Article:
Brett - I can't believe you urged me to leap over this!   I kid you not -- this is the single most breathtaking view I've seen in the entire trip!

The pictures don't do justice to the colors, but they are spectacular!   All of a sudden The Nullarbor Plain, that desolate desert like area, has taken on a whole new personality, as the highway tracks along The Southern Ocean !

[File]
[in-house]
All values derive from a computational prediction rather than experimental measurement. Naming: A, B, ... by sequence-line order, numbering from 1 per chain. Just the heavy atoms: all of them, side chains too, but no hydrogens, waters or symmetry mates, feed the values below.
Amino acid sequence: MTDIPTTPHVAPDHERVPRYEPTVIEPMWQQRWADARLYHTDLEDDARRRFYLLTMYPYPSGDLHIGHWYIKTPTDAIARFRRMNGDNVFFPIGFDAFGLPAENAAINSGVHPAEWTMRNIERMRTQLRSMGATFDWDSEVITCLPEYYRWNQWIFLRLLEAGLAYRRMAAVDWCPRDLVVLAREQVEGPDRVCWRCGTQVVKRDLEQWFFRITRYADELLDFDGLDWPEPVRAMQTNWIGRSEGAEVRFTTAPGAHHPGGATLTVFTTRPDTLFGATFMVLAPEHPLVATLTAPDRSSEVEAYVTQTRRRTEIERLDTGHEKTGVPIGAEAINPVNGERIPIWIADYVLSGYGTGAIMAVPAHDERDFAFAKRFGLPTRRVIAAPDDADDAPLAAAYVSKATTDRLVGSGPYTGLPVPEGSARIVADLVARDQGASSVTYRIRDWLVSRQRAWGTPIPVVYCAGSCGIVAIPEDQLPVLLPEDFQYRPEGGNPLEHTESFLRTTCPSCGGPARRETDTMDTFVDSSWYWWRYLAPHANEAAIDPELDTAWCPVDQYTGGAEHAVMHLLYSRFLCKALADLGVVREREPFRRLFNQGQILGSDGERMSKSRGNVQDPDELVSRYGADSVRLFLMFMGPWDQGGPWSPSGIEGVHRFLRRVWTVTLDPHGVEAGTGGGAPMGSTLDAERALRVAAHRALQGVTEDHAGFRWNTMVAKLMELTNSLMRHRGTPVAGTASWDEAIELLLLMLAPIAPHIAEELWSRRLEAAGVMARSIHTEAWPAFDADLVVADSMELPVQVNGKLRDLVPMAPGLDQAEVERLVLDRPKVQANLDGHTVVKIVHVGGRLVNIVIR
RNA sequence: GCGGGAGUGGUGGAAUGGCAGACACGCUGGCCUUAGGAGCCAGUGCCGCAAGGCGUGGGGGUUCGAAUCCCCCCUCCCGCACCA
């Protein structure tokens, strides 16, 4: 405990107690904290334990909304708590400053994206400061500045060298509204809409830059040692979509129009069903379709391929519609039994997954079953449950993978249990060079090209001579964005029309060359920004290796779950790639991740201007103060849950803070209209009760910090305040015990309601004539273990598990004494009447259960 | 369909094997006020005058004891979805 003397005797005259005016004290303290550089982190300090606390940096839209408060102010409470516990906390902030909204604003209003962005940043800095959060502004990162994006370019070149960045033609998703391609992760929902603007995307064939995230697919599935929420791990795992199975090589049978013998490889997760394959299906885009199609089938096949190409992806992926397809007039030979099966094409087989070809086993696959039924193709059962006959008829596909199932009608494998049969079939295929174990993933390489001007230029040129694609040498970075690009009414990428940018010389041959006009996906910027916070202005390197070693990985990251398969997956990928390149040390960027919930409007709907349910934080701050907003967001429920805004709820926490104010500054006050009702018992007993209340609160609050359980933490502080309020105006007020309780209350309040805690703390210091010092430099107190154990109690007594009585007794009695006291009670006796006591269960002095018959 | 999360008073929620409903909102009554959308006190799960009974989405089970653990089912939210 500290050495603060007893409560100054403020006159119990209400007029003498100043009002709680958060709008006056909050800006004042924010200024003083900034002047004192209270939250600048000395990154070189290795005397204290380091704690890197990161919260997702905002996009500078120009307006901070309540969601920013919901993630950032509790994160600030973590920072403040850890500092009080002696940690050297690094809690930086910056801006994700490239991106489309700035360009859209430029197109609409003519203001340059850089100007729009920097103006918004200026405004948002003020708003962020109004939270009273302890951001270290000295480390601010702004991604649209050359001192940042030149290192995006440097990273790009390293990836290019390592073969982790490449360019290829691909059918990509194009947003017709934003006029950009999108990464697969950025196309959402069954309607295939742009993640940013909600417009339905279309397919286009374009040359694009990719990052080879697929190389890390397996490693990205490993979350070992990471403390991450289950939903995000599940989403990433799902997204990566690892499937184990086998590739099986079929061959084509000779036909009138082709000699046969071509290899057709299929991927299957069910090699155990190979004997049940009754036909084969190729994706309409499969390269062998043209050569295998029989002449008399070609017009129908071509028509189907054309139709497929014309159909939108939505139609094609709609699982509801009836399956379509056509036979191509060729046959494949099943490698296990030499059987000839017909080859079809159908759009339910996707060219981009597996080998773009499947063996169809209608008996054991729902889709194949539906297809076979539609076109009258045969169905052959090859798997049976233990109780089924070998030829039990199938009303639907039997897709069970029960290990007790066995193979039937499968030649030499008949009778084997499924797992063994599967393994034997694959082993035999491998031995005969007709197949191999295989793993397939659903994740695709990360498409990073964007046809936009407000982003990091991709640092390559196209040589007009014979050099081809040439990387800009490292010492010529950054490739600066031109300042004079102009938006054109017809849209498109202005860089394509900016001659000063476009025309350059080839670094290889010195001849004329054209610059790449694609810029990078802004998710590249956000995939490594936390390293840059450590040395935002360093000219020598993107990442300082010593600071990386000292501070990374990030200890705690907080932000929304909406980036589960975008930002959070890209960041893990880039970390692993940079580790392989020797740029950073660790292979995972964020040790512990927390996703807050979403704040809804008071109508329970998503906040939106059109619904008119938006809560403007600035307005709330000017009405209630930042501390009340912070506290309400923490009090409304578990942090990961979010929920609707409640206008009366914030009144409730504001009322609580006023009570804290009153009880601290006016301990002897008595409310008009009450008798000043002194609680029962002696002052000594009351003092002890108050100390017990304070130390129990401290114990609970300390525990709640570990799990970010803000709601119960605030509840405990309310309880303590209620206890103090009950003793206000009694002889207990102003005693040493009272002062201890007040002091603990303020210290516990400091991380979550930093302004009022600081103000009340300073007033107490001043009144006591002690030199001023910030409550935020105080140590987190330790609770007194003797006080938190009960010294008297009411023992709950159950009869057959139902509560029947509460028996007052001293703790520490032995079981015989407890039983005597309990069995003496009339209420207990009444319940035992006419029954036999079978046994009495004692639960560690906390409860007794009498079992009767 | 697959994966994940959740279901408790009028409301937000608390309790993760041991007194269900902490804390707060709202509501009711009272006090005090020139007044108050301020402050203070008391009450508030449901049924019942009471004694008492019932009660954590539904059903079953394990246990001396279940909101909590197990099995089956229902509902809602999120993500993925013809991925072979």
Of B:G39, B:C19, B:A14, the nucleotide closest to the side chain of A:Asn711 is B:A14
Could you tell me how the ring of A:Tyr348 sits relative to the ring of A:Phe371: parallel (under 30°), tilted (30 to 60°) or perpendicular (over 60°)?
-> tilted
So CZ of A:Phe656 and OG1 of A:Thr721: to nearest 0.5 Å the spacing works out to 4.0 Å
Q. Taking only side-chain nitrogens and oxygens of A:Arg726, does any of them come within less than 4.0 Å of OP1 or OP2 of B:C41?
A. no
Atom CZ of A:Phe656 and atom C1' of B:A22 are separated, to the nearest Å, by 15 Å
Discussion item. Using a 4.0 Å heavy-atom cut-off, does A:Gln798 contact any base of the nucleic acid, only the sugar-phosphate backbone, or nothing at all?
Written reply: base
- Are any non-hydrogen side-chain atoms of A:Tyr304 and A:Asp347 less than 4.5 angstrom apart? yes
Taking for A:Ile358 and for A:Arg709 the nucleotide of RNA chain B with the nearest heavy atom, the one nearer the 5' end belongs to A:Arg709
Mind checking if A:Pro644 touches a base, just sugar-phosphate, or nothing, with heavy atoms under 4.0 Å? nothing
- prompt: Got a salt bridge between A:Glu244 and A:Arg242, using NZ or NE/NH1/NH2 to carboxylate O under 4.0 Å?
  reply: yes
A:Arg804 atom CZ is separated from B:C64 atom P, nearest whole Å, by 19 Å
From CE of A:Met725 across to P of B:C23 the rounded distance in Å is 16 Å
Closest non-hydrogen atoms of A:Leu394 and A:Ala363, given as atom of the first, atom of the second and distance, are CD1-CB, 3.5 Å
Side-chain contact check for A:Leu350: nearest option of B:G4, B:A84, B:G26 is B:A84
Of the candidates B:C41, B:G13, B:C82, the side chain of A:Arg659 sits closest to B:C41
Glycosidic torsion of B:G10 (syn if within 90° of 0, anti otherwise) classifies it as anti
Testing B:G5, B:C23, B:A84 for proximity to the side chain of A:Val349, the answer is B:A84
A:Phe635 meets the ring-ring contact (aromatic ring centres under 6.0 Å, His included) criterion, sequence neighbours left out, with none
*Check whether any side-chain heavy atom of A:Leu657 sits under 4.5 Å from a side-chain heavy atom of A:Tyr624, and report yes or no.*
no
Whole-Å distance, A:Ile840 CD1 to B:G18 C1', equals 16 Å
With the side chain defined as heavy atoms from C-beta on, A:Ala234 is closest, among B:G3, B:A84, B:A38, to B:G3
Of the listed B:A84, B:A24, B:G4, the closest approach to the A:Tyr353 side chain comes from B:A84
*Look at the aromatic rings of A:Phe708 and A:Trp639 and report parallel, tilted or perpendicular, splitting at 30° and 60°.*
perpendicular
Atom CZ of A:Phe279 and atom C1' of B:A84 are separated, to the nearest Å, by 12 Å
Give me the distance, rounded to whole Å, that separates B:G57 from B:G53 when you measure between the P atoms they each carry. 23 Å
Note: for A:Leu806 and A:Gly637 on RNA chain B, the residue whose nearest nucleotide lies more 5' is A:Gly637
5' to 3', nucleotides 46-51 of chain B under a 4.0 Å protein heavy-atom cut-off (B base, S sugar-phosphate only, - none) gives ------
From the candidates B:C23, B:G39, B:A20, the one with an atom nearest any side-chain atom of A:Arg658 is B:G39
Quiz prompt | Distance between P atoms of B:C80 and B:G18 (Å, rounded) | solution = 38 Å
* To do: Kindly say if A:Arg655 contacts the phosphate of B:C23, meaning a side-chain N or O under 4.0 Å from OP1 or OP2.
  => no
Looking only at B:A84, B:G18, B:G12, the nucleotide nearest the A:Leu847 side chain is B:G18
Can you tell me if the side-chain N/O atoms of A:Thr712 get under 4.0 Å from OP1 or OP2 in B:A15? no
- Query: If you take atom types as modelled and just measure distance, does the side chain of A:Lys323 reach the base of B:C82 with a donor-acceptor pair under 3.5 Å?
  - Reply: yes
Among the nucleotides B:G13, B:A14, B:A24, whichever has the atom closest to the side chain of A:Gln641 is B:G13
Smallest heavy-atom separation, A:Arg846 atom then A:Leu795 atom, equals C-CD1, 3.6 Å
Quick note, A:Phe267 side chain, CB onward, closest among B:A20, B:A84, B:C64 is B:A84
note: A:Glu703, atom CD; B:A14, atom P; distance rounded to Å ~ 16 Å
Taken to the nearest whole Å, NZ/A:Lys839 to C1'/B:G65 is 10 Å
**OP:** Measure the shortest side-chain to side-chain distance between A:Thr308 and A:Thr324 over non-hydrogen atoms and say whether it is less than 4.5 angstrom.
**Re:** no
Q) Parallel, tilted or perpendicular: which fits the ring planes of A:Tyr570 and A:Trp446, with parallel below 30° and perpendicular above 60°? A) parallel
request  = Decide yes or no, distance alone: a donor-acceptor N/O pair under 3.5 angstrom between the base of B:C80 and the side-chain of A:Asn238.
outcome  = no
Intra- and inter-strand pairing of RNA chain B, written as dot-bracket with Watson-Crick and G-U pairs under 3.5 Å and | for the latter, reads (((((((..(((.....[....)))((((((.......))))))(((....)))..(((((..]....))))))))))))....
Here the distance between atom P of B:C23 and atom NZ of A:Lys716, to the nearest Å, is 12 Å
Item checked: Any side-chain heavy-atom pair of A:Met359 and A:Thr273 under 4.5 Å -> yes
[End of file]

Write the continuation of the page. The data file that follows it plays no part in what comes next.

I have heard and read so many stories, about The Nullarbor, about it's history prior to sealing, it's reputation for trouble in the roadhouses, the loneliness of the drive.   It's a little over 2700 KM between Adelaide and Perth.   I lopped off 300 KM when I got to Port Augusta, and another 950 KM yesterday when I made it to the SA/WA line.   Today I hope to make another 900+ KM and get to Esperance, so I leave at 5AM, and I'll pick up 45 minutes via one of Australia's most unusual time zone changes!.   It is mostly still driving through the treeless Nullarbor Plain, and while it has a stretch of 150 KM where it is absolutely straight (Caiguna to Balladonia is said to be one of the longest straight stretches of road in the world), I find it anything but boring.   For one thing, there is plenty of road kill, and I don't want to add to it, for another, the road is narrow, and truck trains are frequently coming at you, but beyond that, there is beauty in the desert, and I find myself stopping to try, not successfully I'm afraid, to capture the colors on film that are all around me.   (At one point as I'm down low attempting to photograph some wildflowers, my knee howls as I straighten up, and I'm laughing!   I'm laughing because the thought strikes me that this punk kid from East Aurora is actually in the middle of a desert thinking about wildflowers and shrubbery --- who'da thunk it?)   Anyway, the Eucla Pass, just a few kilometers into Western Australia, is about the only hilly area along the Nullarbor, and has a unique look.